With rain falling for most of the day, it was very nearly sewing all day long. I was brave and did a little housework too. It allowed me to sew without guilt. The morning's slow stitching had me getting a start on the next plate for Pieces of the Past.
Lots of Sewing
It's a small piece, and so I expect it won't take long to finish it. When I was ready, I did my housekeeping chore, and then rewarded myself with some slow stitching around the binding for the Bag Ladies. I've turned the second corner now.
And time flies, doesn't it, because it was time to collect the mail then. I found my Teal Mini Swap mug rug there along with several fat quarters and fat eighths of fabric. My swap partner completely ghosted me this year. I tried half a dozen times in different ways to contact her. Then, disgusted, I went ahead and made her mug rug and mailed it off. I mention my disgust because I didn't even bother to take a picture of the mug rug I made. It was a mug rug with teal "plus" blocks on a blue crab fabric background. (She lives in North Carolina, and I made use of the blue crab fabric I bought while we were traveling there.)
So, I mailed that off about a month ago, and never heard word one from her. It was kind of a disappointing swap experience. The thing is...in a swap, it's the relationship that comes from it that makes it fun for me. The swap is only secondary. So...anyway...(picks self up, dusts self off), Beth, who organizes this whole thing, also sets up an army of "angels" for just this sort of occurrence. My angel, Nancy, sent me all this cool stuff, and that's my mug rug there at the bottom. The teal spoon was the fabric used in this year's swap. Thank you, Nancy. It was a very fun package to open, and it went a long way toward salving my wounds of disappointment.
Also, I received a fabulous package from Nanette, who decided to unload a bunch of Cynthia England patterns and a Cynthia England book. Someone told Nanette I might be interested in this stuff, and whoa! I forget who told her, but thank you. And thank you, Nanette. If you're unfamiliar with Cynthia England's work, I highly recommend doing a Google search for her name. You can find her gallery right here. If you do a YouTube search, you'll find some video tutorials about her technique. I was lucky enough to see this fabulous quilt when I attended the Northwest Quilting Expo in 2018.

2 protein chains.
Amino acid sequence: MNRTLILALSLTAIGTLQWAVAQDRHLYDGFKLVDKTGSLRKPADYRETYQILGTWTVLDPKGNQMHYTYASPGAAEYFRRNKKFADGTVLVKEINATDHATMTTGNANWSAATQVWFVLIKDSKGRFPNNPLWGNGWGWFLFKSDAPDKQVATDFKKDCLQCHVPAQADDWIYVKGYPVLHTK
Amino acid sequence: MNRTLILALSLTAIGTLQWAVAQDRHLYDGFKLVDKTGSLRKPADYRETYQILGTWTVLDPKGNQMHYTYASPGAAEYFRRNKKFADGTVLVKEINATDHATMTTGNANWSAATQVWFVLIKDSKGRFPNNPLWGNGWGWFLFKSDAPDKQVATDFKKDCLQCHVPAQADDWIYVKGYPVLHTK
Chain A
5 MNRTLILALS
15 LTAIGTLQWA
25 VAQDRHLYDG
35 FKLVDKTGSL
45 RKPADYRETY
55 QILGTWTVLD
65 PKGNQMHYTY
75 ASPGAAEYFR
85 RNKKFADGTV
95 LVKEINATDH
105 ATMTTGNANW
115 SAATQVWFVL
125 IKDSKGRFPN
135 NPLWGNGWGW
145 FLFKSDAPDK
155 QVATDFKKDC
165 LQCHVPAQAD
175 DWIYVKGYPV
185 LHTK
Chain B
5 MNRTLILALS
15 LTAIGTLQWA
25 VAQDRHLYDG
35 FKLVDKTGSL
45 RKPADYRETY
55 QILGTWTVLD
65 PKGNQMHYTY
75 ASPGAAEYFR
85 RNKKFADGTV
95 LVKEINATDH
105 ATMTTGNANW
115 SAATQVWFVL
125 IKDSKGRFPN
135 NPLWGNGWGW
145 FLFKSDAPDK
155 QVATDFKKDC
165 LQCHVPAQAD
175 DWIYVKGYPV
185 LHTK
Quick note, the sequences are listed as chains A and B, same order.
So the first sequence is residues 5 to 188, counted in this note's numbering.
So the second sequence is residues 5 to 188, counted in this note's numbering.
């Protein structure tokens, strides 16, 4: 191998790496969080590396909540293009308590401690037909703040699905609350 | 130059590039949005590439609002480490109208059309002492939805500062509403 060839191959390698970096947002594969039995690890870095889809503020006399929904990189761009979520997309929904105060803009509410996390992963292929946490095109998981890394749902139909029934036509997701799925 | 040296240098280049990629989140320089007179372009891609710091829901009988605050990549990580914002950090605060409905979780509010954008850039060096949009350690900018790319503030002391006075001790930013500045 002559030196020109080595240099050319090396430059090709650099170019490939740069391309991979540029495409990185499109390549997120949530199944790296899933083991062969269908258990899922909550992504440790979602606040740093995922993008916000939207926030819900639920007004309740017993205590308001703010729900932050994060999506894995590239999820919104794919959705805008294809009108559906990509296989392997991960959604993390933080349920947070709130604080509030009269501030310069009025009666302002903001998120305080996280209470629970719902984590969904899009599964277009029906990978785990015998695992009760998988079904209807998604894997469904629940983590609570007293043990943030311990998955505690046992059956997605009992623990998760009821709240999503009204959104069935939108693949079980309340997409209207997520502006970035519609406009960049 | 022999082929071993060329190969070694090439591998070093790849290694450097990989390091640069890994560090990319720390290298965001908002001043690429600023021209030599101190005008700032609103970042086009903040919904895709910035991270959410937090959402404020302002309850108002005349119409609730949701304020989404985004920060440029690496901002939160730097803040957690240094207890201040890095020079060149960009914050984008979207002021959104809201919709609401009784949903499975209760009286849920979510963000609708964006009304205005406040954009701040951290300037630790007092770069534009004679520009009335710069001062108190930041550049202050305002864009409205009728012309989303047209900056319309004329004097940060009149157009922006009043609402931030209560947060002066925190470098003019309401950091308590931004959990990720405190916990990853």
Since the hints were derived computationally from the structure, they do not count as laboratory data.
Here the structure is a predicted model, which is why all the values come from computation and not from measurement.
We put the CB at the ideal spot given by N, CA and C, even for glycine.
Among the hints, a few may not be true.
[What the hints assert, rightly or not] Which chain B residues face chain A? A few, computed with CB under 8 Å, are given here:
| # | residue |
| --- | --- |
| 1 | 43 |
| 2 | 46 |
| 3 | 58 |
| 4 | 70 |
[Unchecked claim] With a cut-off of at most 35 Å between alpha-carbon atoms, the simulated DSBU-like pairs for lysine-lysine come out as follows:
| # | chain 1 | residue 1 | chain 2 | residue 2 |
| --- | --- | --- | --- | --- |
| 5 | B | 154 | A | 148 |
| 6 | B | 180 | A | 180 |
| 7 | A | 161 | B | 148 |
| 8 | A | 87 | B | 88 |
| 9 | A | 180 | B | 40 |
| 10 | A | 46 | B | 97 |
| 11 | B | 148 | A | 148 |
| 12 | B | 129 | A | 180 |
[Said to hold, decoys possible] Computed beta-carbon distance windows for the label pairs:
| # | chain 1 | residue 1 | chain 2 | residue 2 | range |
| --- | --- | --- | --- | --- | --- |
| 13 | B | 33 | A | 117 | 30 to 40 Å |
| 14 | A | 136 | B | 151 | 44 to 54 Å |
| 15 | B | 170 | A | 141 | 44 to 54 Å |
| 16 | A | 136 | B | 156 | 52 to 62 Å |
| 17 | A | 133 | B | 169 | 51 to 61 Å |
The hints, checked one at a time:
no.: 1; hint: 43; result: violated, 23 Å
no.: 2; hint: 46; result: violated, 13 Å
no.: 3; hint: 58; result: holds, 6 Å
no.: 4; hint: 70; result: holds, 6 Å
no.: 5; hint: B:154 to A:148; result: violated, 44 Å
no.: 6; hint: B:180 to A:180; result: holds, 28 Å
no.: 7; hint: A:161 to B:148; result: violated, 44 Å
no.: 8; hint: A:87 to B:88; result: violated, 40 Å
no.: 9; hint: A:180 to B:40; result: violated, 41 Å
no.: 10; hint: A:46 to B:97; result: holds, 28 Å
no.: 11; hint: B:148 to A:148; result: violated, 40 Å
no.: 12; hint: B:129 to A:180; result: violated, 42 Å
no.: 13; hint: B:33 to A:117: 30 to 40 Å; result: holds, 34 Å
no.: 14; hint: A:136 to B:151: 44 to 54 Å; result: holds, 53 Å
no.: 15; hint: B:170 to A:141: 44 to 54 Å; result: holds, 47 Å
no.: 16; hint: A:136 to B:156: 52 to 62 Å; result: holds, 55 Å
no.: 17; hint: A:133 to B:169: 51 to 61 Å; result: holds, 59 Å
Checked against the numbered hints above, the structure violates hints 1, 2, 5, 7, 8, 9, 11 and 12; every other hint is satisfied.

As for yesterday's mail, what a treasure trove this was!
Well...I'm going to have fun with all of that. Those will make great take-along projects when we head south this winter.
So back in the sewing room, I finished up the three "blanks" for Jenny's Flower Garden. I ended up with a lot of oranges and dark purples for these blocks. Oh well...they'll be spaced randomly throughout the quilt, and so it probably doesn't matter there wasn't more variation.
With those done, I had another row complete. I've laid all the blocks out to show the design of this triple Irish chain. When all the rows are complete, it will be set 7 blocks by 7 blocks.
And with that finished, I was also able to get on with the next block for the Shop Hop 2.0 quilt. This time, I'm using a fabric I picked up at It's Sew Moab from our last trip to Moab, Utah. Mike and I love Moab, and we've visited many times. Our last trip was to ride ATV's. I couldn't find a fabric specific to ATV's, but this Jeep fabric seemed like a good choice. I drive a Jeep, after all.
But on a visit in 2006, Mike and I rented a Jeep and drove Schaffer Canyon Road in nearby Canyonlands National Park. It was great fun. Here, Mike was surveying the view.
Along the way, we passed this immense natural bridge. It was about 5 feet wide and many hundreds of feet above the canyon floor. It was possible to walk across. Ordinarily, this sort of thing would be too scary for me. The width of the bridge was enough that I felt safe venturing out and boldly lying down for this next shot. At least lying down, I wasn't afraid of falling.
Okay, so enough reminiscing...let's get on with this block. A few of you have asked how I do the lettering, and so I'm just about to tell you. I first print it out on a regular sheet of paper. In this case, I'm using a 22 point font called "Banschrift SemiBold." It's a good idea to write down where this file is stored on your computer so that you don't have to reinvent the wheel with every block. I just reopen the old file and put in a new name each time. The font stays consistent.
Then, it's traced out on a large piece of fabric a little wider than what I'll need for the finished block. Also, you need to leave enough room for your embroidery hoop...unless you're one of those hoopless people. Definitely, I am not among you. This one was short, and so it stitched up pretty quick. I'm just using two strands of black floss and a simple backstitch.
Another way to avoid reinventing the wheel with each block is to take a photo of the first one indicating how to trim. In this case, I've lined up the 1-1/2 inch line on my ruler with the bottom of the lettering.
Trim the top there, and then measure for the bottom and sides, and you have your block's "name plate."
The strips were mostly all cut from the last block I made, and so this one went together pretty quickly.
You can find the tutorial for the photo quilt block right here. The camera quilt block tutorial can be found right here. I like how this is turning out. The photo quilt blocks are especially cute for this quilt. I'm not sure yet how many blocks I'll make before I'm ready to sew it into a flimsy, but the camera block will be right in the middle.
Okay, so for today's sewing, I'll get started on the next block for New Mexico Kitchen. I'll be making the Blue Corn Bread block. Here's the picture from the pattern cover.